A mere 1 km from the city center of Tarakan in the province of North Kalimantan, and just along the highway out of the city is the Bekantan and Mangrove Conservation Park (Kawasan Konservasi Mangrove dan Bekantan – KKMB), which has as its chief inhabitants a large family of proboscis monkeys, called Bekantan.
These long nosed and large bellied monkeys are endemic to the island of Borneo, mostly found on the Indonesian side called Kalimantan. They are reddish brown and are often referred to as Arborial Old World monkeys. They usually live near water sources, and are good swimmers.
Since they are not aggressive, Bekantans are now on the IUCN Red List as Threatened Species. Their habitat in Kalimantan are, among others, at the Danau Sentarum National Park, Gunung Palung National Park, Tanjung Puting National Park and the Kutai National Park.
The dominant male of this band of monkeys here at Tarakan is called “John” who has a harem and extended family of 35 monkeys. Although the one-male Bekantan monkey usually heads a group of between 3 to 19 individuals only.
There is another male bekantan here called “Michael”, who seems to be inferior and afraid of John who sometimes “allows” him to stay among the family and take some of the bananas thrown to the group by the rangers.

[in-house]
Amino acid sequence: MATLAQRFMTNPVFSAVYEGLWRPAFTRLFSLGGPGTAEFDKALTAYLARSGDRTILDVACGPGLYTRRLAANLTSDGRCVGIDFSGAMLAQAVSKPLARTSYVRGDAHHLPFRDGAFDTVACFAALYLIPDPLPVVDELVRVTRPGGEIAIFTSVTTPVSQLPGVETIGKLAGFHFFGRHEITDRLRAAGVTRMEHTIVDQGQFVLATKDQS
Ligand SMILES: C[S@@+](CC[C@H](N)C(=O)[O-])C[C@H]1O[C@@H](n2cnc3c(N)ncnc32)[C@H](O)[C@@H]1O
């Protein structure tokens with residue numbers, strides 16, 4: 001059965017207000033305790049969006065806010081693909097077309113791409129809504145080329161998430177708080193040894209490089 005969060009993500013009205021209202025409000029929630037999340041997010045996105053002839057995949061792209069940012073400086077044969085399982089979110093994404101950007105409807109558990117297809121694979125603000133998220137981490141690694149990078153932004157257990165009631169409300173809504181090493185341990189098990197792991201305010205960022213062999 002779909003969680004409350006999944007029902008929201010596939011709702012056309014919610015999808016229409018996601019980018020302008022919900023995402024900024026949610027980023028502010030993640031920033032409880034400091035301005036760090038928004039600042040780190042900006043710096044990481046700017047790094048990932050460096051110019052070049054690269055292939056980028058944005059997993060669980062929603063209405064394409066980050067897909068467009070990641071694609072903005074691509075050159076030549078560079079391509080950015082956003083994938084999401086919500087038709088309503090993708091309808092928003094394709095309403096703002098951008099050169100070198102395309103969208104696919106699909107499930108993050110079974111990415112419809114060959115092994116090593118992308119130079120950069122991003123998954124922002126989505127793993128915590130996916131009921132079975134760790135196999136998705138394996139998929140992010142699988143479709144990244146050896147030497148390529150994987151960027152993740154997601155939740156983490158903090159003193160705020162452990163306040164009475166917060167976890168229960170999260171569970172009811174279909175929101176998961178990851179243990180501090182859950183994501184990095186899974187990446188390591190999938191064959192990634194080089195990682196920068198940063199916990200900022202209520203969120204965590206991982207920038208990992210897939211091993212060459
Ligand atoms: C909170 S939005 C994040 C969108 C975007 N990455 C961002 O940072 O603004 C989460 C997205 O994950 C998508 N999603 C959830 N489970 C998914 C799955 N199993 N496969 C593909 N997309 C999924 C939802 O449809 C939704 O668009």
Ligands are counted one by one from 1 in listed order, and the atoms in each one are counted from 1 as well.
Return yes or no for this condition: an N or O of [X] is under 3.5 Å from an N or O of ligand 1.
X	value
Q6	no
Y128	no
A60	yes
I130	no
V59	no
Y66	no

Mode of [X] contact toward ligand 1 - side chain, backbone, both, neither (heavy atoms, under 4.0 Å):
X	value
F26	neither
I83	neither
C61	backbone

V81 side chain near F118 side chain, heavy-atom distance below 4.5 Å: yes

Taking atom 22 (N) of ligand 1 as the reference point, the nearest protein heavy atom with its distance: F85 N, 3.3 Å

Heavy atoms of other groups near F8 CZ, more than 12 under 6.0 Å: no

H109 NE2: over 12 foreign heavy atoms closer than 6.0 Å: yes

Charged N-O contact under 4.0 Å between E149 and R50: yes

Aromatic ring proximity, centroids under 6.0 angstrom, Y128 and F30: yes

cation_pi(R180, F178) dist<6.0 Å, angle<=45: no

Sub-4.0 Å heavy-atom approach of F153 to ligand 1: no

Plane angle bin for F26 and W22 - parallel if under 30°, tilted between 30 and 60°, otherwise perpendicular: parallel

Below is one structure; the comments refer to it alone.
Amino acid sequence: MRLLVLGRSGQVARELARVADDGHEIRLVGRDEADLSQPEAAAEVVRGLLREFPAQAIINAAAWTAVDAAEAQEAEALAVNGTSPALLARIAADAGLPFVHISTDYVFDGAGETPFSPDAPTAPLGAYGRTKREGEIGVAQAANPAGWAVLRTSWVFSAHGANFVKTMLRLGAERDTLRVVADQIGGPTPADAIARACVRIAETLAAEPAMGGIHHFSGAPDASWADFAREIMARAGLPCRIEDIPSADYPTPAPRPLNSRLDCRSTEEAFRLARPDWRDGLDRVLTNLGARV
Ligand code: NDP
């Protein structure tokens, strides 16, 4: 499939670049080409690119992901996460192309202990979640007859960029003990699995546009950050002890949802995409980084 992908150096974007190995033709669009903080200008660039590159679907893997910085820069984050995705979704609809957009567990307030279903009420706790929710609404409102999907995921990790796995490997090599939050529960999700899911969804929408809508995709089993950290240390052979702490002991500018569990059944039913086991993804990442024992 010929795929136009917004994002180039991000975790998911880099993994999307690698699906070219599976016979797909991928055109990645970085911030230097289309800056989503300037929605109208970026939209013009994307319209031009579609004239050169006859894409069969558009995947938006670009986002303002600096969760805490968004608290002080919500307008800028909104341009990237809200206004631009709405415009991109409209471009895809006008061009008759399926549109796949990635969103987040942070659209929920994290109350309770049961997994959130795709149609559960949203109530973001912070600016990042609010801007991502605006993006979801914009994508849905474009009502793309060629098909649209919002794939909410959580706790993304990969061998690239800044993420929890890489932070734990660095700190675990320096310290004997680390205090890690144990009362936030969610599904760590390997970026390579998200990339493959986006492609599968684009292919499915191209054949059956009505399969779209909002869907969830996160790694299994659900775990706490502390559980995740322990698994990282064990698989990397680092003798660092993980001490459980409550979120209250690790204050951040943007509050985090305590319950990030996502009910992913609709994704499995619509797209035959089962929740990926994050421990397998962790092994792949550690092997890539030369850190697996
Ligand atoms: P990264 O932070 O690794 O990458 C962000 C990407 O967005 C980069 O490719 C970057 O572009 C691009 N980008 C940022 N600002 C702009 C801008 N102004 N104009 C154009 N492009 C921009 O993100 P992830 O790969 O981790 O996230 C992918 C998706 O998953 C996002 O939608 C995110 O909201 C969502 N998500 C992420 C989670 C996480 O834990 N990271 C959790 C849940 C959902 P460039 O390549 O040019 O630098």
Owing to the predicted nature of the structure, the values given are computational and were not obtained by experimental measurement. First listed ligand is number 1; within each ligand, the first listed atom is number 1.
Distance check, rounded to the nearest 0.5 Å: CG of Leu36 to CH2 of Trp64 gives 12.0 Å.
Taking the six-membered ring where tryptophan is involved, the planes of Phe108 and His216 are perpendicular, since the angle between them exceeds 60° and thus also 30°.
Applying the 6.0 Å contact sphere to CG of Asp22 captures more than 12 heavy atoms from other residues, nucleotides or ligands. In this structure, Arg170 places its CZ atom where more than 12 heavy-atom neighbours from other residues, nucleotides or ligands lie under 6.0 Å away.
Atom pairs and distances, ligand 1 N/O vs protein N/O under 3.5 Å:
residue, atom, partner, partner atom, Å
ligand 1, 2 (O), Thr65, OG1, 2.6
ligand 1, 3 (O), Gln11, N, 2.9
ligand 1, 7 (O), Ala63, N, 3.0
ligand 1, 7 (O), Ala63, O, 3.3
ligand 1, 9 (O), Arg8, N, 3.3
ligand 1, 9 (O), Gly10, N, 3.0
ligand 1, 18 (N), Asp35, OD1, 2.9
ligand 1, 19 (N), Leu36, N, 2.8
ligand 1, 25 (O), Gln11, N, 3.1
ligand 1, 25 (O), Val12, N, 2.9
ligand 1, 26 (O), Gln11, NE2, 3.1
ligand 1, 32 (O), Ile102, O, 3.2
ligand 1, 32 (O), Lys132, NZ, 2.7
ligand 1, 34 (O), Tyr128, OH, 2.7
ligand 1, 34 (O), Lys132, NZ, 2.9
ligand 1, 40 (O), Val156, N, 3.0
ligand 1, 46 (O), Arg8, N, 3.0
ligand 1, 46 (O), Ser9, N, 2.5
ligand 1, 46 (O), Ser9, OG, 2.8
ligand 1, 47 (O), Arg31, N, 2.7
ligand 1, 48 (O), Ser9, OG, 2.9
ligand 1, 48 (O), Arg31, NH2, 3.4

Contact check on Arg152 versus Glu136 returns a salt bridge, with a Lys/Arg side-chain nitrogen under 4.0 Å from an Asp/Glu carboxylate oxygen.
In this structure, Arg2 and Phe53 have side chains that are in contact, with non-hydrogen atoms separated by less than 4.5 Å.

The Conservation Park was started by the first mayor of Tarakan, Jusuf SK, who determined that the city needed to protect a 9 hectares mangrove forest. At first, there were only two proboscis monkeys living in this forest, but these soon multiplied to the present 35 comprising of adults, youngs and babies.
For this reason the Park had to be expanded to accommodate the increasing number of animals and now covers a total of 22 hectares, which is expected to have to be expanded again soon. This is because Bekantans are not agressive and are therefore, unable to fend for themselves. When their habitat is threatened they prefer to withdraw and become marginalized.
Since the animals in the Tarakan Conservation Park are used to humans, – despite the fact that bekantans are normally shy animals – these do not run away when they see visitors, so that it is quite easy to take pictures of them in action from a close distance of only 5 meters.
Although Bekantan eat bananas, but their staple diet are mangrove leaves and fruits. It is for this reason that it is difficult to keep them in zoos away from mangroves.
And so, besides creating an eco-friendly environment, the Park also serves as an ecotourism education center for children and adults alike.
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